Solar hot water rebate
The big news from last week may no longer be stealing the headlines, but it has brought about an unlikely partnership. Yes, the Greens and the Coalition are on the same side, seeking to force the federal government to reintroduce the solar hot water rebate until June 30 after it was surprisingly dumped last week. The Coalition is well aware that Labor’s budget surplus promise is looking flimsy and, as mentioned in this column last week, an extension of the rebate until June 30 could see next year’s budget hit. The Coalition will introduce a Private Member’s Bill into Parliament in the next sitting fortnight and for it to pass it requires the support of most of the crossbenchers (four of six) in the House of Representatives. Where the independents stand is not known, meaning the progress of the proposed bill is uncertain, particularly as the Greens have yet to confirm their support.
Spanish-owned infrastructure group Acciona has reportedly scaled back senior staff numbers at its Australian wind power business on the back of weaker market conditions and global budget cutbacks from head office. However, the company has confirmed that its new structure would see overall staff numbers increase as it centres attention on its Mt Gellibrand wind farm and the Moree Solar Farm, according to the Australian Financial Review.
Last week Acciona joined the consortium behind the Moree Solar Farm, further increasing their Australian footprint, provided the project gets the go ahead. Meanwhile, construction of the 189MW Mt Gellibrand wind farm near Colac in Victoria’s south-west is about to begin, but no likely completion date has been set, with the company still looking to finalise a power purchase agreement, according to the AFR.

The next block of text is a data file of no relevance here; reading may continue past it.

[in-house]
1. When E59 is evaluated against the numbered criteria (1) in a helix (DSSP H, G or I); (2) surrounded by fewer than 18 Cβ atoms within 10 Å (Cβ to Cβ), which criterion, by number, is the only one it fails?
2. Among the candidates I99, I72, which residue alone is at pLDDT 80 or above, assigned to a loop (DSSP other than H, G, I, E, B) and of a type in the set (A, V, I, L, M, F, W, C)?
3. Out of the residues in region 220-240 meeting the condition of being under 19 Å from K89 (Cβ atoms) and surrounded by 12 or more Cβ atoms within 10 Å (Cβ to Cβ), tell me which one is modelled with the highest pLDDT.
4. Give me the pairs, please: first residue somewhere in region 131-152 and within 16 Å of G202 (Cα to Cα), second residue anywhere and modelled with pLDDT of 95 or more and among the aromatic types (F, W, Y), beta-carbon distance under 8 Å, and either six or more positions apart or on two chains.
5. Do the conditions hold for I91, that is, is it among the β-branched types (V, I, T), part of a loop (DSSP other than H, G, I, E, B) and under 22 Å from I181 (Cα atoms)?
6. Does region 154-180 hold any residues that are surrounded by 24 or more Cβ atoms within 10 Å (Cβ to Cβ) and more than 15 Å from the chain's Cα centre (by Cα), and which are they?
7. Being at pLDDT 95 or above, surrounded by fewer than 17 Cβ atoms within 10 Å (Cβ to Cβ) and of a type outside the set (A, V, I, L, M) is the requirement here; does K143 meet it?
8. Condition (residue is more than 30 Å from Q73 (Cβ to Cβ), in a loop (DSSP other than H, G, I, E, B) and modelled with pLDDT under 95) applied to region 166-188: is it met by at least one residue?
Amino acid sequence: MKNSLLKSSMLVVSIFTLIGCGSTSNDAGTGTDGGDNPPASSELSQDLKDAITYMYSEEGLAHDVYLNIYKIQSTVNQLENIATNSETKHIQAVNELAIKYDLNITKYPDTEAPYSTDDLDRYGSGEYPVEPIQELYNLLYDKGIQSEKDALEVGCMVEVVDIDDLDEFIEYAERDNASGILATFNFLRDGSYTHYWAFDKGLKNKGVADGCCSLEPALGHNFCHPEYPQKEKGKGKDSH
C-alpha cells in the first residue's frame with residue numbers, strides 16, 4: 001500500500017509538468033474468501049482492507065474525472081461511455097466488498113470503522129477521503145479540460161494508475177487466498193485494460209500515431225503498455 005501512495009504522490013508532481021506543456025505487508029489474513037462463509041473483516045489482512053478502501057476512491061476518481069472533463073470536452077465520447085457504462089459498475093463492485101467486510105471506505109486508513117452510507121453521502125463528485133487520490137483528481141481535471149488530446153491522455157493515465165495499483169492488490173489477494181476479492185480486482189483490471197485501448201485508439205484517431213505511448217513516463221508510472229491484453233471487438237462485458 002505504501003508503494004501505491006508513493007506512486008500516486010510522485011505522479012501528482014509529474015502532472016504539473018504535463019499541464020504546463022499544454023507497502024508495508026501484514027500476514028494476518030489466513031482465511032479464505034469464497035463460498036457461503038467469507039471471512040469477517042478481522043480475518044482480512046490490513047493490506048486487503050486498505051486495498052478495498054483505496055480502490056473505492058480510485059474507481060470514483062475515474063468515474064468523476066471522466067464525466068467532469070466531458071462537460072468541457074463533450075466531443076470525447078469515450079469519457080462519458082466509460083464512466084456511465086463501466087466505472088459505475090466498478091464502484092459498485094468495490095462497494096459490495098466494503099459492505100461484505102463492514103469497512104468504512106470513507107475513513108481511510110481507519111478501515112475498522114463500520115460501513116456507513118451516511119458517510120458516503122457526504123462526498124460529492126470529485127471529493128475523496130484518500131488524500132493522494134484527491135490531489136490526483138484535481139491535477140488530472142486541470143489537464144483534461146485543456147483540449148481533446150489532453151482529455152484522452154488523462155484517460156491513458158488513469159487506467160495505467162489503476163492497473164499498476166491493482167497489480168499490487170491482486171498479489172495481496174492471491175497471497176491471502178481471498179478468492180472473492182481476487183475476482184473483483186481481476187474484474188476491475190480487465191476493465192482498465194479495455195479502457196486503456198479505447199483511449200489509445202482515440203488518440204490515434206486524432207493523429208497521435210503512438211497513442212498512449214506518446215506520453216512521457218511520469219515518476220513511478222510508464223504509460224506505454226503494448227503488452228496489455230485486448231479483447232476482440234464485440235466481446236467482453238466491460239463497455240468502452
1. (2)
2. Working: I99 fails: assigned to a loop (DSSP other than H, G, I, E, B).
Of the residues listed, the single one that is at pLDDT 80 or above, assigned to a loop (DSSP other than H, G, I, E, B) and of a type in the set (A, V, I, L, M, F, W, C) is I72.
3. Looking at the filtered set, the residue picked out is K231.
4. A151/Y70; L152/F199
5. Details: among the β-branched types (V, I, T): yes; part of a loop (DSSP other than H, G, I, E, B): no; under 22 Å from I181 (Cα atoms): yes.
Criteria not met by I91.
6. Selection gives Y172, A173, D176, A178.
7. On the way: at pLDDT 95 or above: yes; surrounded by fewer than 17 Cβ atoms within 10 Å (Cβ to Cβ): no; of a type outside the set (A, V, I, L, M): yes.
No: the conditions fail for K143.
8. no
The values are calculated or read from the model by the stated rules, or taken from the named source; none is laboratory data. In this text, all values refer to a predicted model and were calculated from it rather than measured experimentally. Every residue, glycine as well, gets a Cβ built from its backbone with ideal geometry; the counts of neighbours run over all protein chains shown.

NewEn Australia began work on the Salt Creek wind farm on Monday after receiving approval from Moyne Shire Council last week.
The proposed 15 turbine wind farm near Woorndoo in Victoria’s south-west is expected to have an output of 29.9MW when complete. It was placed under threat last year as the council considered complaints from residents.
“While there is a great deal of local support for the wind farm, there is one family living nearby with concerns,” NewEn director Ernst Weyhausen said, according to The Warrnambool Standard. “We are willing to remove some of our turbines near their houses to create a better outcome for all involved, provided that council will accept such an amendment to the planning permit.”
New technology may assist the company in reducing the final number of turbines to 10, while still being able to produce 29.9MW.
Finally, back to the geothermal sector and Petratherm Managing Director Terry Kallis has been appointed chairman of the Australian Geothermal Association. AGEA has a big year ahead as it seeks to gain access to funding made available as part of the federal government’s Clean Energy Futures plan.